If preexisting and new conditions are properly managed and further tests come back negative, “there is probably an element of long covid,” said Dr. Caitlin McAuley, one of two physicians at the Keck School of Medicine clinic.

At that point, the focus shifts to helping older adults manage daily tasks like dressing, showering, moving around the house, and grocery shopping. Typically, physical therapy, occupational therapy, and cognitive rehabilitation are prescribed.

Dr. Erica Spatz is an associate professor of cardiology in Yale School of Medicine. She examines older patients for signs of organ damage such as changes to the heart muscle. There are many proven treatments that can be used if this is detected. Spatz stated that organ injury is more common in older people.

At the Shirley Ryan AbilityLab in Chicago, a rehabilitation hospital, experts have discovered that a significant number of patients with breathing problems have atrophy in the diaphragm, a muscle that’s essential to breathing, said Dr. Colin Franz, a physician-scientist. He said that breathing exercises can be used to help patients rebuild the muscle once inflammation has been controlled.

McAuley recommends that older adults who are concerned about their cognition after having covid have a neuropsychological examination. Many older patients who have had covid feel they have dementia. However, the testing shows that their higher-level cognitive functioning is intact and it’s only things like attention and cognitive fluency that are impaired. “It’s important to understand where deficits are so we can target therapy appropriately.”

Become active gradually

Older patients tend to lose strength and fitness after severe illness–a phenomenon known as “deconditioning”–and their blood volume and heart muscles will start shrinking in a few weeks if they lie in bed or get little activity, Spatz said. This can lead to dizziness and a racing heart when standing up.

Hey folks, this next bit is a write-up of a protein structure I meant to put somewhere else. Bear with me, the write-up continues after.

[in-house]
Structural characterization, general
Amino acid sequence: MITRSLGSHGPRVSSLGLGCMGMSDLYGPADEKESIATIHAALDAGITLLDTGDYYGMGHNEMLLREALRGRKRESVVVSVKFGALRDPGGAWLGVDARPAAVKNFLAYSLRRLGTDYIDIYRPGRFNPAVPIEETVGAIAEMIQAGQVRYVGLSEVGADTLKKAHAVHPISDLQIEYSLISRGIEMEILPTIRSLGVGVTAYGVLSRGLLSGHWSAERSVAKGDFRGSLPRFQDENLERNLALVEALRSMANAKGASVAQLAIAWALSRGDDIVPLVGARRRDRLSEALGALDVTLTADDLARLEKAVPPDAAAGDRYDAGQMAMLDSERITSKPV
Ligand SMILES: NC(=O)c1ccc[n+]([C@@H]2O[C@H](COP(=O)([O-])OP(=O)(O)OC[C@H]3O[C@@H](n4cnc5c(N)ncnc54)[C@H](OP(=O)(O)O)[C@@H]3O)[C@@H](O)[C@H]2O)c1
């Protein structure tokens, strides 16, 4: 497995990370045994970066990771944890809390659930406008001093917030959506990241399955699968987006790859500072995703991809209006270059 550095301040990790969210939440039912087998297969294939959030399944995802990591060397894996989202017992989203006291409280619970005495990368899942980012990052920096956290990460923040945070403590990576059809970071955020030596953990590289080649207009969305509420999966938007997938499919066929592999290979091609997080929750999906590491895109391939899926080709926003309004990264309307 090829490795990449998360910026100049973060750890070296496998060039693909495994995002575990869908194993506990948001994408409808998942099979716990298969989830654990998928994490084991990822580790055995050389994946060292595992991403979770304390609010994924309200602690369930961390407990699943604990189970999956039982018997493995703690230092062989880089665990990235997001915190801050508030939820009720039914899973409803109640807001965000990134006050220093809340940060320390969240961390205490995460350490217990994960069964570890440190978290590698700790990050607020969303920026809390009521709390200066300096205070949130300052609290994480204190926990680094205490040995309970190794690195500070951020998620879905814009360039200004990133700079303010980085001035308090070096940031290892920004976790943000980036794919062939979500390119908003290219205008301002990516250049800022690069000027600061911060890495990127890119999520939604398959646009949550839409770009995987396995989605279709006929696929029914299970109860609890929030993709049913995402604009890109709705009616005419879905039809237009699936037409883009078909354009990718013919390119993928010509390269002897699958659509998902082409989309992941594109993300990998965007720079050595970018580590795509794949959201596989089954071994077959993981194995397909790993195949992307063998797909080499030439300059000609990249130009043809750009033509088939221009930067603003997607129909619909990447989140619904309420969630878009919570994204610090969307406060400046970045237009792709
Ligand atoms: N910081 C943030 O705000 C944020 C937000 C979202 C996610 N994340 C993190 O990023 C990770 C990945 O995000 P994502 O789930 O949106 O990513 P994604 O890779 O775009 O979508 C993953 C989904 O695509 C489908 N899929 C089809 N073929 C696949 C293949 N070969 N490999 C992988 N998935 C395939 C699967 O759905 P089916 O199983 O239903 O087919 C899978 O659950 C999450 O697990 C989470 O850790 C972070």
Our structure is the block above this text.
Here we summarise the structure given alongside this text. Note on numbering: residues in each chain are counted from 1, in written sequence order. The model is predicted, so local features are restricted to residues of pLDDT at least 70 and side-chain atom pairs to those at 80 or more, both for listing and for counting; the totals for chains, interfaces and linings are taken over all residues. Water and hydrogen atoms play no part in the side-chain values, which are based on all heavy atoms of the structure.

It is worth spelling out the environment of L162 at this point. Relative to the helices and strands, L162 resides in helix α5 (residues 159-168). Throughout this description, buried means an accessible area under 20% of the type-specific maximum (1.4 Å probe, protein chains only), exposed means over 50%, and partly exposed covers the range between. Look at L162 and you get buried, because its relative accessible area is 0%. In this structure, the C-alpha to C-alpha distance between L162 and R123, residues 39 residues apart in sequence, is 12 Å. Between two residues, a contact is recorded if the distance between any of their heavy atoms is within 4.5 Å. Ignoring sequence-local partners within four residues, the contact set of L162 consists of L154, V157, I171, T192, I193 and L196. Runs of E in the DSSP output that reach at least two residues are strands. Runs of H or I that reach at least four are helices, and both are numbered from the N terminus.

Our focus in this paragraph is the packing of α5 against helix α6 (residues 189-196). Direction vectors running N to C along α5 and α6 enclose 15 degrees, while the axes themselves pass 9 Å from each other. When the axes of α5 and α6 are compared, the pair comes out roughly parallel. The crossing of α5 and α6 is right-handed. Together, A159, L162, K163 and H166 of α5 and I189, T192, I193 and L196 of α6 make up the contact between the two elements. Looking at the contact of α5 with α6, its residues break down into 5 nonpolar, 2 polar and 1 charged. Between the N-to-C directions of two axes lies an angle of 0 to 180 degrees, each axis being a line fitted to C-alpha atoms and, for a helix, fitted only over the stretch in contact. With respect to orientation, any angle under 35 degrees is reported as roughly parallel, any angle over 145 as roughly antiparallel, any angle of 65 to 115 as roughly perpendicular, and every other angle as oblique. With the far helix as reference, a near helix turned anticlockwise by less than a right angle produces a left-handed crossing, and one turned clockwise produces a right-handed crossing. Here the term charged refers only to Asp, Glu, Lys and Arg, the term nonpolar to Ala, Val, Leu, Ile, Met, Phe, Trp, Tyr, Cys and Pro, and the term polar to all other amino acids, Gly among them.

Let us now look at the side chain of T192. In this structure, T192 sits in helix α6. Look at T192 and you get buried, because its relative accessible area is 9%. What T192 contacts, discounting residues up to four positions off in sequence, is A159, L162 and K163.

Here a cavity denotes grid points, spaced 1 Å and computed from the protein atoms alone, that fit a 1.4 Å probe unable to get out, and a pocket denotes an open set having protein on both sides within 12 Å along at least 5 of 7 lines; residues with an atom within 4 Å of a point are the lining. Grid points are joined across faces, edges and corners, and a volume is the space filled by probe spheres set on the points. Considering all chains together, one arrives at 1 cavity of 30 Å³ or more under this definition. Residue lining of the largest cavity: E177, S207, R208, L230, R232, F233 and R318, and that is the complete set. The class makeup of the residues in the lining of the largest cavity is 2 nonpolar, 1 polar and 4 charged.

In line with recent recommendations from the American College of Cardiology, Spatz advises patients who have developed these symptoms after covid to drink more fluids, consume more salt, and wear compression socks and abdominal binders.

” “I often hear that going on a walk feels terrible,” Spatz stated. When returning to exercise, “start with five to 10 minutes on a recumbent bicycle or a rower, and add a couple of minutes every week,” she suggested. After a month, you can move to semi-recumbent on a standard bicycle. After another month, you can start walking, initially for a short distance, and then gradually increasing your distances.

This “go slow” advice is also applicable to older adults who have cognitive problems after having had covid. Franz stated that he recommends limiting time spent on cognitively challenging tasks and exercising for brain health. He noted that people need to be less active and get more rest, at least in the beginning.